Review Summary: Featuring a fierce and haunting production, the album is hampered by a lack of ambition, but is sure to please die-hards of the black metal scene.
Aetas Cineris, Latin for Age of Ashes or Ashen Age, is a solid album from the black metal underground. Featuring a fierce and haunting production, the album is hampered by a lack of ambition, but is sure to please die-hards of the black metal scene.
The guitars on the record have a very modern, polished sound. This lends the frequent tremolo runs a shimmering of melancholy. Sometimes, the guitar is heard in a rhythmic context, playing chords and creating turnarounds for the other layers to build upon. Unfortunately, they just don’t. The record also features a mix of glossy cleans and soft synths, working in tandem to produce a soft symphonic sound above the mix. The album is at its strongest during ambient instrumental sections and interludes, which work well to capture feelings of sorrow. One aspect of these moments is the presence of a vibe of a reflective or introspective nature, which sets them apart from the rest of the album. The drumming is very tight and controlled, and impresses with a bombastic blast-beat centric output, but would benefit from more ambition, particularly in the vein of fills.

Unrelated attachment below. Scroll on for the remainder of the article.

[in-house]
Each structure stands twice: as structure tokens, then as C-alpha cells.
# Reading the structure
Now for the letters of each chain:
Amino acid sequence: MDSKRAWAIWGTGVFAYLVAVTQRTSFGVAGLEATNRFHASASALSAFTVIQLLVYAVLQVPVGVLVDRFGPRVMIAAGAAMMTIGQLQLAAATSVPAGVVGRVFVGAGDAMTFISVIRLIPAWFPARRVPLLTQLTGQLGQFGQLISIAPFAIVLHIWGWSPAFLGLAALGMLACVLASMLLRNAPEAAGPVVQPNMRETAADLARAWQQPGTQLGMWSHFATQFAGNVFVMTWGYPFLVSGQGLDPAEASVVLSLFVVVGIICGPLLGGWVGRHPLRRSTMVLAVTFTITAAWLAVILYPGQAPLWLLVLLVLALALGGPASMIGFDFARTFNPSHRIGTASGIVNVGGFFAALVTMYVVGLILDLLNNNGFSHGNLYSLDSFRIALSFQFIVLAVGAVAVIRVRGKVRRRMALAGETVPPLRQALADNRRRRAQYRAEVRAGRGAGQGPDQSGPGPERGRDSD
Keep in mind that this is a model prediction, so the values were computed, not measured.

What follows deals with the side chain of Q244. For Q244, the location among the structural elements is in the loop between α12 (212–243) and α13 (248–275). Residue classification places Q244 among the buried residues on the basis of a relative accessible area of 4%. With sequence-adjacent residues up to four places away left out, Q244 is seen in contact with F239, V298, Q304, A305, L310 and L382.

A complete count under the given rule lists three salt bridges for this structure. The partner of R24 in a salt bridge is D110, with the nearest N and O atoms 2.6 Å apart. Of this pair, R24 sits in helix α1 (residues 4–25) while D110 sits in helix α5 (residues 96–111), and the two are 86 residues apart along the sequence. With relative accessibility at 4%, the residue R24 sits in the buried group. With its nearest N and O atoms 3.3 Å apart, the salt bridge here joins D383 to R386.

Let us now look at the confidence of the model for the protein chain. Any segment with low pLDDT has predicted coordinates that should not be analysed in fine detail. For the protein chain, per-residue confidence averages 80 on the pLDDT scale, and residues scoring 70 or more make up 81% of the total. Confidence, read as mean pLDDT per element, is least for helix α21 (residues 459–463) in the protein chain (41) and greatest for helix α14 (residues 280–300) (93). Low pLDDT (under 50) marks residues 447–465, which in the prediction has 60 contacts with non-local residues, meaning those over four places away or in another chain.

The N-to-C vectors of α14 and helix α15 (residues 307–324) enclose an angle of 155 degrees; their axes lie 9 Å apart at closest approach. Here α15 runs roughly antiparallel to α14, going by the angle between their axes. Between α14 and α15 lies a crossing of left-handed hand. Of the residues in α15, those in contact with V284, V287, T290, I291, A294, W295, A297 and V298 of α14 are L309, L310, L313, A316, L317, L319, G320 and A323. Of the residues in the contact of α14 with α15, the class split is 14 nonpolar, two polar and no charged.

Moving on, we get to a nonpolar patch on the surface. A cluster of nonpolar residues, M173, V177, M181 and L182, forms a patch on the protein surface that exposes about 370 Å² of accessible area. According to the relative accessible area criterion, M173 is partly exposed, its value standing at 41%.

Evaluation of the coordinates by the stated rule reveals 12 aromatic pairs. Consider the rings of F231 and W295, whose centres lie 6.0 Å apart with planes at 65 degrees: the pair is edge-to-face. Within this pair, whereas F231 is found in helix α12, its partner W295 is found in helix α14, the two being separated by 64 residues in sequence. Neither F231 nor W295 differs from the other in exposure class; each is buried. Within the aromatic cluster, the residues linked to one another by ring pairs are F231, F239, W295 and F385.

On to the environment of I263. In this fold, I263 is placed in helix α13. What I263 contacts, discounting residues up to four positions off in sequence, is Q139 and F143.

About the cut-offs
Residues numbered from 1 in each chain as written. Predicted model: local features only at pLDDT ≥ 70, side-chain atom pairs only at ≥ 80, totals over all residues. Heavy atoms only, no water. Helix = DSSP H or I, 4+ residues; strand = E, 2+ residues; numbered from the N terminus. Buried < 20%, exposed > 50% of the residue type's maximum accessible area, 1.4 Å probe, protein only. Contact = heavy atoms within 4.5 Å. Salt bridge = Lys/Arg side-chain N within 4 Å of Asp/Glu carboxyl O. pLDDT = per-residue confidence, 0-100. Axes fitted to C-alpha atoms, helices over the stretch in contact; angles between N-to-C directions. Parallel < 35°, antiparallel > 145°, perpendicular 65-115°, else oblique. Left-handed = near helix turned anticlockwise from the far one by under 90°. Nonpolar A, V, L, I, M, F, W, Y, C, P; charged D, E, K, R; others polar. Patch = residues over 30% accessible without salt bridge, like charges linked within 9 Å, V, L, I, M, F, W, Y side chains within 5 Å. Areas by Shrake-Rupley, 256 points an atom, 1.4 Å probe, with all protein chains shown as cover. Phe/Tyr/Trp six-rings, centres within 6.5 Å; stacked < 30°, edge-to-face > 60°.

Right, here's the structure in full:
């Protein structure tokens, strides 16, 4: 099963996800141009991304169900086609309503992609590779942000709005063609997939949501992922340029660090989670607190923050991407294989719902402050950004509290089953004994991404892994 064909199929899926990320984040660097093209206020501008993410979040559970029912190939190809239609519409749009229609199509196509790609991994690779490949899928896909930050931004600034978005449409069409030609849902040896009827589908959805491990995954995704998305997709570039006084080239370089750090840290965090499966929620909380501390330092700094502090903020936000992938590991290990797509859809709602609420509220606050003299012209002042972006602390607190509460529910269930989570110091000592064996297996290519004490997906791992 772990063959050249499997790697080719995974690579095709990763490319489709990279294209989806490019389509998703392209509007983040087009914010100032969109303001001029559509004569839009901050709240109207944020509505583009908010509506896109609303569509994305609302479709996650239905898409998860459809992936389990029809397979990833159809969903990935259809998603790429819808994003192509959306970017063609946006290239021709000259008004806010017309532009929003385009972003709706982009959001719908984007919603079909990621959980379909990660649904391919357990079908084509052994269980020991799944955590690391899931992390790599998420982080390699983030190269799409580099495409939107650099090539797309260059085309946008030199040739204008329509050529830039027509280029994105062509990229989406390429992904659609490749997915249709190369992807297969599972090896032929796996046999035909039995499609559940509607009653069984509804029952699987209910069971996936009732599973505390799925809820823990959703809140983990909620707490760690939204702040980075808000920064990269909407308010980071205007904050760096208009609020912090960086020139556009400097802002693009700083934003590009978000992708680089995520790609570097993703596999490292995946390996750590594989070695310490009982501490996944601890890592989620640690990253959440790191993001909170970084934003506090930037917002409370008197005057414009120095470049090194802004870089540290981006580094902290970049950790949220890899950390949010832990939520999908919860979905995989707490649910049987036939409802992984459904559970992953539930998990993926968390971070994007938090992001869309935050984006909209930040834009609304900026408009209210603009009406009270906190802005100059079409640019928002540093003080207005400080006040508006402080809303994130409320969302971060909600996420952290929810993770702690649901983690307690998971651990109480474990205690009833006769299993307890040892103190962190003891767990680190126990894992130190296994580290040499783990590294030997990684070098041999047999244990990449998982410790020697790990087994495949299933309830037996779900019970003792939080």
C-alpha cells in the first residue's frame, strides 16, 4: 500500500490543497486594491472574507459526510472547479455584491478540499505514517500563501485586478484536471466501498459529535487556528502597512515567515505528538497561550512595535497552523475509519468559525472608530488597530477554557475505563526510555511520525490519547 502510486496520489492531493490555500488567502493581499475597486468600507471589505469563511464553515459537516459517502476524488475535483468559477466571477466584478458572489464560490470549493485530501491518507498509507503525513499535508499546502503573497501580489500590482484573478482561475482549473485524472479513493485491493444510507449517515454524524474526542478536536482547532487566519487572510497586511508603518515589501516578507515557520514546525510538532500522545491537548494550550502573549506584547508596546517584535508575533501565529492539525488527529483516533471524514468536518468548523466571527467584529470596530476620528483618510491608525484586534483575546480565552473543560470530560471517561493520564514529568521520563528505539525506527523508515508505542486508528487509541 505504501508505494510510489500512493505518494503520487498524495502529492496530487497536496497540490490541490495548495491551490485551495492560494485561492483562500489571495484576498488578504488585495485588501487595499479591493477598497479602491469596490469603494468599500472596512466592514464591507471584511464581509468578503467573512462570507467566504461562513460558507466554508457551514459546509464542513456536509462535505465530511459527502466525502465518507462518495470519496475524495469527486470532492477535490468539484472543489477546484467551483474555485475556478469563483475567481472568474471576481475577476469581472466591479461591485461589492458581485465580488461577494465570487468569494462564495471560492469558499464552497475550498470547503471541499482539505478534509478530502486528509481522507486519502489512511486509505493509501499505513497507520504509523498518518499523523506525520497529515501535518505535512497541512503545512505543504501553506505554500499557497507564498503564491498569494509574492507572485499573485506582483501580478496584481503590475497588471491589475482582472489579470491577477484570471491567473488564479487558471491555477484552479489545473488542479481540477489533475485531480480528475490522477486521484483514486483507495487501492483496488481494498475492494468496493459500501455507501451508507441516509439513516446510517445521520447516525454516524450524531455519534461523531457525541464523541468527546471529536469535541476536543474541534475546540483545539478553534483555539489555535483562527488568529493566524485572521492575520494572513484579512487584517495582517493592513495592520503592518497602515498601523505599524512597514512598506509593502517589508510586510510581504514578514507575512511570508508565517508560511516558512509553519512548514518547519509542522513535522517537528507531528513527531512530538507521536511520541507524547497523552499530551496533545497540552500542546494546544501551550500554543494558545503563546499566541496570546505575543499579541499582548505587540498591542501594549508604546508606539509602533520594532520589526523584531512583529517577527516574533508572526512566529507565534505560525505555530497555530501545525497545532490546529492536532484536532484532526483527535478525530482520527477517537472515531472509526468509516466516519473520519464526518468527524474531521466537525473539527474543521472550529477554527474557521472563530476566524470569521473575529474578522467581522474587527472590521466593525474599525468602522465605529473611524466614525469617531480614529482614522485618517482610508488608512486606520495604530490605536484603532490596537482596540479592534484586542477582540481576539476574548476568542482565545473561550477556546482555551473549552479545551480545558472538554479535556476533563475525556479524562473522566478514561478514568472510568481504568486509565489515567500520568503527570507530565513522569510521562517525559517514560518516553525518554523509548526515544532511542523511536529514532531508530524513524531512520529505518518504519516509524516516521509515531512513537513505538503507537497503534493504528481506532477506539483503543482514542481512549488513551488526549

The project is fronted by the ex-vocalist of Nocte Obducta
, and the experience he brings helps him serve a fantastic role, knowing just when to step forward and when to give the other musicians opportunity. Unfortunately, his voice, while authentic, is flat and a tad uninspired, though that is probably due to the production. The album would also benefit from him aiming to fill spaces with more drawn-out vibes (ala longer screams) than his usual style of barking. This syncopated approach is unique to the genre, but just doesn’t serve the style as well as it could.
Aetas Cineris is a fine record from a band with tremendous promise, but the polish is dulling what could be a very effective weapon. Bombastic and menacing, and presenting a nice variety of moods, Aetas Cineris lacks ambition, and the best moments are a tad scattered.